My Lords, I feel honoured to have drawn the short straw of being the last speaker this evening, and I thank all noble Lords who are still here for being still here. I did not intend to speak because it seemed that virtually everything there is to be said was being said or was going to be said by someone else. However, I was faced with an enormous volume of letters and e-mails, which I spent a good part of the weekend reading through. I picked up from them some thoughts about the territory which I had not focused on before, and some rather important points were raised.
If there is one single point on which I think this Bill should not proceed, it is that the nation is absolutely divided. I do not know whether it is 70% one way or the other or if it is 50/50, but it is clear that, in the main, the senior part of the country believes in the traditional role of marriage and wishes to keep it, while a lot of younger people think that it is all a load of hooey and ask, basically, why anyone should get married. There is an absolute divide, and in this sort of territory I believe that it is a mistake to push through legislation until there is some form of consensus.
“He shall prick that annual blister,Marriage with deceased wife’s sister”.
I am not suggesting that it should take 50 years, but it has been a sensible British tradition in social matters to legislate and change gradually, and so keep up with public opinion. In 20 years’ time, when many of us are dead and gone, there may be some form of consensus in the majority of the country—or even before then. It is a great mistake to railroad this extremely unsatisfactory legislation through. The right reverend Prelate the Bishop of Exeter brilliantly pointed out a lot of what is wrong with it. There are other issues that are profoundly wrong and the consultation process was also clearly less than satisfactory.
This is classic territory where it is not unreasonable for the House of Lords to exercise its reserve powers in delaying such legislation. Our job is to scrutinise and occasionally, when necessary, to be the upholder of public opinion. Public opinion is not at all happy with this legislation as it presently stands. Many have made the point that there was no electoral mandate, but it was rather the reverse: the Prime Minister actually stated in a pre-election television interview that he would not be introducing same-sex marriage, and so gave a commitment to the contrary.
As others have pointed out, I regret this issue of a 500,000-name petition being treated as a single vote. It was telling that there was not a single black or Asian representative invited to give evidence to the Commons committee, and their communities are often among the most religious in the country. Many may have noticed over the weekend that all the faiths came together—not just the Anglican church, but the Catholic, Muslim, Jewish, Hindu, Sikh and Buddhist faiths sent a letter with 53 signatures to the Prime Minister urging caution and that he should think again before he pushed through this legislation to rewrite the meaning of marriage. In the world of faith, this is not just an Anglican issue; it is fundamental for all faiths, going back into the mists of history, that whether one likes it or not marriage is essentially about a man and woman getting together to have children and to bring them up as securely as possible. Just redefining, like that, what marriage means will understandably upset a large number of people.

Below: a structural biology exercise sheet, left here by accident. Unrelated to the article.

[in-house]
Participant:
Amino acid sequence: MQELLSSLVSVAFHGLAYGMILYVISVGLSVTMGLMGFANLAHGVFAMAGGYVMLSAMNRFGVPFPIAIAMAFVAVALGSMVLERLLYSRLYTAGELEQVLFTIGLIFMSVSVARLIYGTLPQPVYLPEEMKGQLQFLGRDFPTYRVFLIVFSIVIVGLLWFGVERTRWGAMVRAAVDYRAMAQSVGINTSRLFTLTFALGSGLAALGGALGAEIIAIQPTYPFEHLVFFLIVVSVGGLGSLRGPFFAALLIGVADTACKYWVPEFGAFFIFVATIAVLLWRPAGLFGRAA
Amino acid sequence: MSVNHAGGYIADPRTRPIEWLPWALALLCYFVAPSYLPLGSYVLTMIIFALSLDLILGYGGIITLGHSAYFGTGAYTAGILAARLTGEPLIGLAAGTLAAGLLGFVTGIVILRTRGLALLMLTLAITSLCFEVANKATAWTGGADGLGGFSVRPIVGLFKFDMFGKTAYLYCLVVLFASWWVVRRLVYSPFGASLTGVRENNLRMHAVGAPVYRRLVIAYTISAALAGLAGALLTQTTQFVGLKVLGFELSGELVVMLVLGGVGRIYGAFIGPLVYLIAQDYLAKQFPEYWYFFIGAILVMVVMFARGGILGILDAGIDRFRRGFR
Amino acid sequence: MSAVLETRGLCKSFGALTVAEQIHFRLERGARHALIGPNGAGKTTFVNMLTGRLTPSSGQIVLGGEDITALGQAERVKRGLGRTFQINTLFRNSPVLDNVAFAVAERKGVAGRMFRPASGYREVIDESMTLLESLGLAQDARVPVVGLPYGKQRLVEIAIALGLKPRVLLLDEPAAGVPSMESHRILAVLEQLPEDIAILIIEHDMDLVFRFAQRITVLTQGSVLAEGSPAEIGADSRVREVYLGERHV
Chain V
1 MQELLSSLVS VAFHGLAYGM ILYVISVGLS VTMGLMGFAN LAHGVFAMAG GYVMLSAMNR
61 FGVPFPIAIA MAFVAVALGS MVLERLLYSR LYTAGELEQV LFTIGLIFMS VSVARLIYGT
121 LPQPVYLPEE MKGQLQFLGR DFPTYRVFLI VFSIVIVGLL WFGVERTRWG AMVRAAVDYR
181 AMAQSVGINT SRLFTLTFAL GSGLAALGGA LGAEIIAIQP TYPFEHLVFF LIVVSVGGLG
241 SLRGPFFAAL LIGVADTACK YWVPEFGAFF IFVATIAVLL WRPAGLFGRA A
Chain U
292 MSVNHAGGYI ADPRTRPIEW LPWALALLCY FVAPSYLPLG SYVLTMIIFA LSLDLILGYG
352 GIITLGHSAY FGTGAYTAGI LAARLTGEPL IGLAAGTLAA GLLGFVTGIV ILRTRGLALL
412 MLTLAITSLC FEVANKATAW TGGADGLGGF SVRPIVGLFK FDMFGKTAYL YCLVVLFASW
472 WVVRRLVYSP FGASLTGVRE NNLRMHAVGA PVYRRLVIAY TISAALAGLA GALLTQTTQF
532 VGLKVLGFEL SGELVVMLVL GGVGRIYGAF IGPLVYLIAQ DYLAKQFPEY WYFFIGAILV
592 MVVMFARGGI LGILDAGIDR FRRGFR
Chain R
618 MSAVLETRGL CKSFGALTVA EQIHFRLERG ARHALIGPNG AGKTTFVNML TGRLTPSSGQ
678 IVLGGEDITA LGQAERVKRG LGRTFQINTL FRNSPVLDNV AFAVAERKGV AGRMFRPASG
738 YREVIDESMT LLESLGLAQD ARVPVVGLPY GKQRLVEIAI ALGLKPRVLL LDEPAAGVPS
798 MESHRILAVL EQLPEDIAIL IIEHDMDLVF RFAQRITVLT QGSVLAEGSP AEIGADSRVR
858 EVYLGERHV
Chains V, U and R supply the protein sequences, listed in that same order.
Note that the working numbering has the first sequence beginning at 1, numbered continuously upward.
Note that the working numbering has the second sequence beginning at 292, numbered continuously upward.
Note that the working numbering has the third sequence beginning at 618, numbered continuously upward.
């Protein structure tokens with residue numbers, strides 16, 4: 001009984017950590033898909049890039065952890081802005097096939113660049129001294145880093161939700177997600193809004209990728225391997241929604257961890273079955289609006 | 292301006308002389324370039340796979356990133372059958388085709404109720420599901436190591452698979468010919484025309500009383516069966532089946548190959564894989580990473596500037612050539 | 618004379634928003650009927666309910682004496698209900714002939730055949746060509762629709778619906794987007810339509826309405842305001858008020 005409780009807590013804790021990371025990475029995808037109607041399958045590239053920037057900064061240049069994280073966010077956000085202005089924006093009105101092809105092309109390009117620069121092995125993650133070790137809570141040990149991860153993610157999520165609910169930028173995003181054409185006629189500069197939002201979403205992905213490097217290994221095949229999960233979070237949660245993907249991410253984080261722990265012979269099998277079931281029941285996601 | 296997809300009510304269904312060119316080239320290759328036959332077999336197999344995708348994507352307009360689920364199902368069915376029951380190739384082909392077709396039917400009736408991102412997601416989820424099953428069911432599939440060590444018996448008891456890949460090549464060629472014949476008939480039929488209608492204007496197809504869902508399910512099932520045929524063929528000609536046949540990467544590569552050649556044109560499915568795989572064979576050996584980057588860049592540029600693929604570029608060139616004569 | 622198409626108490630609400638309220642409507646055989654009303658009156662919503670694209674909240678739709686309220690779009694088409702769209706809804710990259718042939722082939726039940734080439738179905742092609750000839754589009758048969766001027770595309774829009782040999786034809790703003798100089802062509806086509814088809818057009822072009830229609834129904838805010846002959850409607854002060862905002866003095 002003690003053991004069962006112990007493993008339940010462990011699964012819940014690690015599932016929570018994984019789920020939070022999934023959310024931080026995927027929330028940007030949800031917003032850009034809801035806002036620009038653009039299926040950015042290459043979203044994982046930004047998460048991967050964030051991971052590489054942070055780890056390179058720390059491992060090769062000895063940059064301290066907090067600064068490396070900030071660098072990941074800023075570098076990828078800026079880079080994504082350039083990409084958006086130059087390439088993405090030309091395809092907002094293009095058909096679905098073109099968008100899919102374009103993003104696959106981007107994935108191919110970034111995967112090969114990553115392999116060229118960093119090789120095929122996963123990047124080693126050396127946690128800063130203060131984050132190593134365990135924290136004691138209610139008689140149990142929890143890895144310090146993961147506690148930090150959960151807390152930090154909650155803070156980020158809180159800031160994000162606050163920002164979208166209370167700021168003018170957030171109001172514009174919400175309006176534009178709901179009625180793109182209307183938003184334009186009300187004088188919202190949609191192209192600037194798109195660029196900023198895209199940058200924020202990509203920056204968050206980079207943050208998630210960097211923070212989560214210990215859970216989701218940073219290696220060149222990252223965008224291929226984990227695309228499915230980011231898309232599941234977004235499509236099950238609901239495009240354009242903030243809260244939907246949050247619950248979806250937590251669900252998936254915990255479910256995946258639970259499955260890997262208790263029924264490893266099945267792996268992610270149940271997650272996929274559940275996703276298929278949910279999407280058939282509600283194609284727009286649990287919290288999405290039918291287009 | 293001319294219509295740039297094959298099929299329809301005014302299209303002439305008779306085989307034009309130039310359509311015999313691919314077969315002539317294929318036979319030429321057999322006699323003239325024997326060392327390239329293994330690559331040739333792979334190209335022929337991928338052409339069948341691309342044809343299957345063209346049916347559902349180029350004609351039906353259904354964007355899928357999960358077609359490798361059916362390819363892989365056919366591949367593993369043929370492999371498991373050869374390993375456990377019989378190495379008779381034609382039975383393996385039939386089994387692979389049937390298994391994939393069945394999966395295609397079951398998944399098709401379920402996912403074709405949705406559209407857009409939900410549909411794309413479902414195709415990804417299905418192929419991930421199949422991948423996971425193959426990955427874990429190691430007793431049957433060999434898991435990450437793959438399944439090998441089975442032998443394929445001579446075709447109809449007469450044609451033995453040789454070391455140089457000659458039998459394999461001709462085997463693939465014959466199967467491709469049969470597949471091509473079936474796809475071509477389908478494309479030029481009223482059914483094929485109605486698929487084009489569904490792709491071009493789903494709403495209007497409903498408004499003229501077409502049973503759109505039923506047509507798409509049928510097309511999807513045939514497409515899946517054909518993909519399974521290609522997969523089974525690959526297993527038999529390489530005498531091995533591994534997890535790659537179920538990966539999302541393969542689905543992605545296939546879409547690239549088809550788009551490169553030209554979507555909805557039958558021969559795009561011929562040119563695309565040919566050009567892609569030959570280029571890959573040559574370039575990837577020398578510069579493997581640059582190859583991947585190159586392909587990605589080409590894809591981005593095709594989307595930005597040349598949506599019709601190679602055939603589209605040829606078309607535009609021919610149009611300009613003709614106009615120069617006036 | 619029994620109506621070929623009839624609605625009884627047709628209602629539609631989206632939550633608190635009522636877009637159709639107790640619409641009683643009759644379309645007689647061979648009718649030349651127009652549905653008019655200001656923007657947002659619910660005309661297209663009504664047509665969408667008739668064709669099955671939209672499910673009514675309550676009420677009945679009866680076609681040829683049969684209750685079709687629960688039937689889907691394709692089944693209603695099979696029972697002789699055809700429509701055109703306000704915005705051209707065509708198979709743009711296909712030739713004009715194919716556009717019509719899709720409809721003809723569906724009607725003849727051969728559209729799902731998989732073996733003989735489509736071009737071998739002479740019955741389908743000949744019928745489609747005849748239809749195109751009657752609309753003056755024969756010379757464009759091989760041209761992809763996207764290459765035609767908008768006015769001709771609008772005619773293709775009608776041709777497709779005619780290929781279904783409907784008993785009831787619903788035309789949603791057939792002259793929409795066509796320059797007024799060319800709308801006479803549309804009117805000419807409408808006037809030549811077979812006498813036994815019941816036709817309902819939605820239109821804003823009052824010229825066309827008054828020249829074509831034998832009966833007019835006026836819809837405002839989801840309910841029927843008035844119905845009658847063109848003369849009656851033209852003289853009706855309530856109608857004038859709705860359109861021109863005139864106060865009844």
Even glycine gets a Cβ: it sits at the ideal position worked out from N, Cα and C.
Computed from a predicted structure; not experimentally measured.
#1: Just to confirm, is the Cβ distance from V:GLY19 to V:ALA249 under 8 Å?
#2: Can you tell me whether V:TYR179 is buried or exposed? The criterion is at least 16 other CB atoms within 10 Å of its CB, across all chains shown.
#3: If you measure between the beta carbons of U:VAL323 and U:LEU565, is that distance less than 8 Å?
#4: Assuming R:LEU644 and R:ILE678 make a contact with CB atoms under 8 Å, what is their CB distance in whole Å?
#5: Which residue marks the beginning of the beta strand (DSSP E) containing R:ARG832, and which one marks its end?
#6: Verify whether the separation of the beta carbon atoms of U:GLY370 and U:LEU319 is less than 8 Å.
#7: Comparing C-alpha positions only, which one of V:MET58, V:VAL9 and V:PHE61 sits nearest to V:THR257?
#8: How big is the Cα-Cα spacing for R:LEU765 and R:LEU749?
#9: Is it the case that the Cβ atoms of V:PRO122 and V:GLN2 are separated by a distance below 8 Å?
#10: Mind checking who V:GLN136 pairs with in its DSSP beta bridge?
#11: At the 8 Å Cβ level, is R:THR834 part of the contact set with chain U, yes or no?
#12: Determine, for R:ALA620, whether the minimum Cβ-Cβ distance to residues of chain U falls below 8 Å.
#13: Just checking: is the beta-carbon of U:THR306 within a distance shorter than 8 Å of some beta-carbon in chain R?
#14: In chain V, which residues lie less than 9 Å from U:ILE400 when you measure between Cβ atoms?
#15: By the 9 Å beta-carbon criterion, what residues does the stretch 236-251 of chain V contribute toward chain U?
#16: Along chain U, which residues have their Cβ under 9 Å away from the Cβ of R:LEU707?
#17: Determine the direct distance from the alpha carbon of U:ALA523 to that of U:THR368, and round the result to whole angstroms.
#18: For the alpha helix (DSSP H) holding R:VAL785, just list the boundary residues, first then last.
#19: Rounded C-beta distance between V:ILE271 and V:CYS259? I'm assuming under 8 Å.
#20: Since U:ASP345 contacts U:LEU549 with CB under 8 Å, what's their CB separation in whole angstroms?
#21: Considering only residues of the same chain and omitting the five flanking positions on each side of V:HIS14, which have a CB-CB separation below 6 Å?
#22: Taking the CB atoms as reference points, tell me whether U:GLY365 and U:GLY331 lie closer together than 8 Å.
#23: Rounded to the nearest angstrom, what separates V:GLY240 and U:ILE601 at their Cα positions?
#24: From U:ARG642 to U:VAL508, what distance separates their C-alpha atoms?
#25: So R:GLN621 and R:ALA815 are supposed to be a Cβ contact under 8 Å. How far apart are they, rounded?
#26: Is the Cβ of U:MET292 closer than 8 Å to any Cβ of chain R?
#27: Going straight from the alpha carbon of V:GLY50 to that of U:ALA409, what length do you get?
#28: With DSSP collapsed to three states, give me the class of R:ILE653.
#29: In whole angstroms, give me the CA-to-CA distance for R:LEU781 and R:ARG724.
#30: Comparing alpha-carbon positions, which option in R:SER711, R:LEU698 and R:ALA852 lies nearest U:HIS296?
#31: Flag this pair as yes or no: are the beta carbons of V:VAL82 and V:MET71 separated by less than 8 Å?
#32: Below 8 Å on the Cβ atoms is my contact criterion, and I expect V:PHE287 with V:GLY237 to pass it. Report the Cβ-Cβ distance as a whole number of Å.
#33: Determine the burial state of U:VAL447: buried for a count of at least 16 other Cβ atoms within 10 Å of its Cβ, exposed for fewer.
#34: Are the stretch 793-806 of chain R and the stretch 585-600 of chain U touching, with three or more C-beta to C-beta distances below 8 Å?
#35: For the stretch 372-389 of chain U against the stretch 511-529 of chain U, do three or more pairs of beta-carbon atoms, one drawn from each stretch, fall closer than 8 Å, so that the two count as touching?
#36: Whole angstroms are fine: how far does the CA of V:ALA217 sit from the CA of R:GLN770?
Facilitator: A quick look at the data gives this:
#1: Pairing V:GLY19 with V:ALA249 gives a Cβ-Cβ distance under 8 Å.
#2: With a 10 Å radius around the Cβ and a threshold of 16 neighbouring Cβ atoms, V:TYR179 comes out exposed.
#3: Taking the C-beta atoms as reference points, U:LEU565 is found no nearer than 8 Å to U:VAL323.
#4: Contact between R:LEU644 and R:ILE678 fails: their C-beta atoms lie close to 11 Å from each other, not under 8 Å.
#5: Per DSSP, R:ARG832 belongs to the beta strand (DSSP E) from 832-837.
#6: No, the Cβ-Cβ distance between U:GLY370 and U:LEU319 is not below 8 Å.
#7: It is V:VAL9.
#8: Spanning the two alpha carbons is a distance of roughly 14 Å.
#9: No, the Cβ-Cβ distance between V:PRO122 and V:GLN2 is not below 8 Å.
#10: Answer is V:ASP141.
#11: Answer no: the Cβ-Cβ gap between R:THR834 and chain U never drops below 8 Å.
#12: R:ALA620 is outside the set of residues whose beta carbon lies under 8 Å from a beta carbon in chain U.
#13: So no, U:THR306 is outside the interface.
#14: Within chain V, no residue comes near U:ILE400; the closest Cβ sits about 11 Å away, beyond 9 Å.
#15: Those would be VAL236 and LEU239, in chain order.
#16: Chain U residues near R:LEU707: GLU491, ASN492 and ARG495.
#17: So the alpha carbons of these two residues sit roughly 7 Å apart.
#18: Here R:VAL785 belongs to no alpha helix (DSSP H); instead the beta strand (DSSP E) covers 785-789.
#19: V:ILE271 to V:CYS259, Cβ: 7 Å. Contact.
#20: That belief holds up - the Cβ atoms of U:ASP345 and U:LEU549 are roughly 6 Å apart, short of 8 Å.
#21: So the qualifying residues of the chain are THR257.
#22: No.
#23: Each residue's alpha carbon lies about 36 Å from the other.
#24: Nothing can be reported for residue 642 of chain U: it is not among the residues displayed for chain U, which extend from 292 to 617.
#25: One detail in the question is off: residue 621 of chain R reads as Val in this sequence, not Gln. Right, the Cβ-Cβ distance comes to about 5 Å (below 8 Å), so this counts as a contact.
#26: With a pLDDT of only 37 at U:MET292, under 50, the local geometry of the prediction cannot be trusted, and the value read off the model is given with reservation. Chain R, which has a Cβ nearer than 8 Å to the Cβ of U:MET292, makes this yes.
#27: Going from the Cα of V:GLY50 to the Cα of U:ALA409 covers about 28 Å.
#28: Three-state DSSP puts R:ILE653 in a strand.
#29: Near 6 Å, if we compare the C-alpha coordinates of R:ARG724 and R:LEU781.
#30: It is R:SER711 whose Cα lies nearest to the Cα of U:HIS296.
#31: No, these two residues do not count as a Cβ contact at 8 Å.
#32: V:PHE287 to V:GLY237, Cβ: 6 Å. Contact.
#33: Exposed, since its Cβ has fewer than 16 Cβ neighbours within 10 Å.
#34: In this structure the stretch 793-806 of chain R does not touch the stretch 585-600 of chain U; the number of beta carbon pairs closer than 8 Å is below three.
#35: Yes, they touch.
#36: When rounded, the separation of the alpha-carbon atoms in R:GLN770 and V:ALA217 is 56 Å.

The knock-on effects of the Bill have also not been adequately considered. If the Bill proceeds, the legal status of gay marriage will be different from that of heterosexual marriage, as the most reverend Primate the Archbishop of Canterbury and the right reverend Prelate the Bishop of Exeter have pointed out. It is also extraordinary that the proposed legislation will not give equality to heterosexual couples wanting a civil partnership, as many others have pointed out.
Today’s debate has made it clear that the Bill needs more robust protection of religious liberty. The Adrian Smith Trafford Housing Trust case was a disgrace, but it illustrated what could happen if the Bill becomes law, particularly for those in the public sector and the area of teaching. John Bowers QC has opined that the Bill, combined with the existing law on sex and relationships and the public sector duty, would create a duty to promote and endorse such a new definition of marriage, and that those who expressed their religious views to the contrary would be put on the wrong side of the law. Moreover, a teacher declining to teach same-sex marriage could be disciplined. This is entirely unsatisfactory and not an adequate protection of religious liberty.
Where has all this come from? The impetus for redefining the meaning of marriage is not largely from the gay community, many of whom are perfectly happy with civil partnership as crafted a few years ago. It does not come from those with great social concerns either. I think it is the political agenda to abolish all legal differences between the sexes. I challenge the desirability of this agenda, as a point of principle.
Many in this House may remember that back in 2004, when civil partnerships were introduced, the noble Lord, Lord Filkin, as spokesman for the Labour Government’s then Department of Constitutional Affairs, summarised that Government’s position. He said that the “concept” of homosexual marriage,
“is a contradiction in terms, which is why our position is utterly clear: we are against it, and do not intend to promote it or allow it to take place”.—[ Official Report , 11/2/04; col. 1094-95.]
I believe that that remains the view of at least half the country and, as I have said, to railroad through the legislation as it stands, with its legal imperfections, would be exceedingly unwise. For that reason, I will be supporting the Motion of the noble Lord, Lord Dear.
Debate adjourned until tomorrow.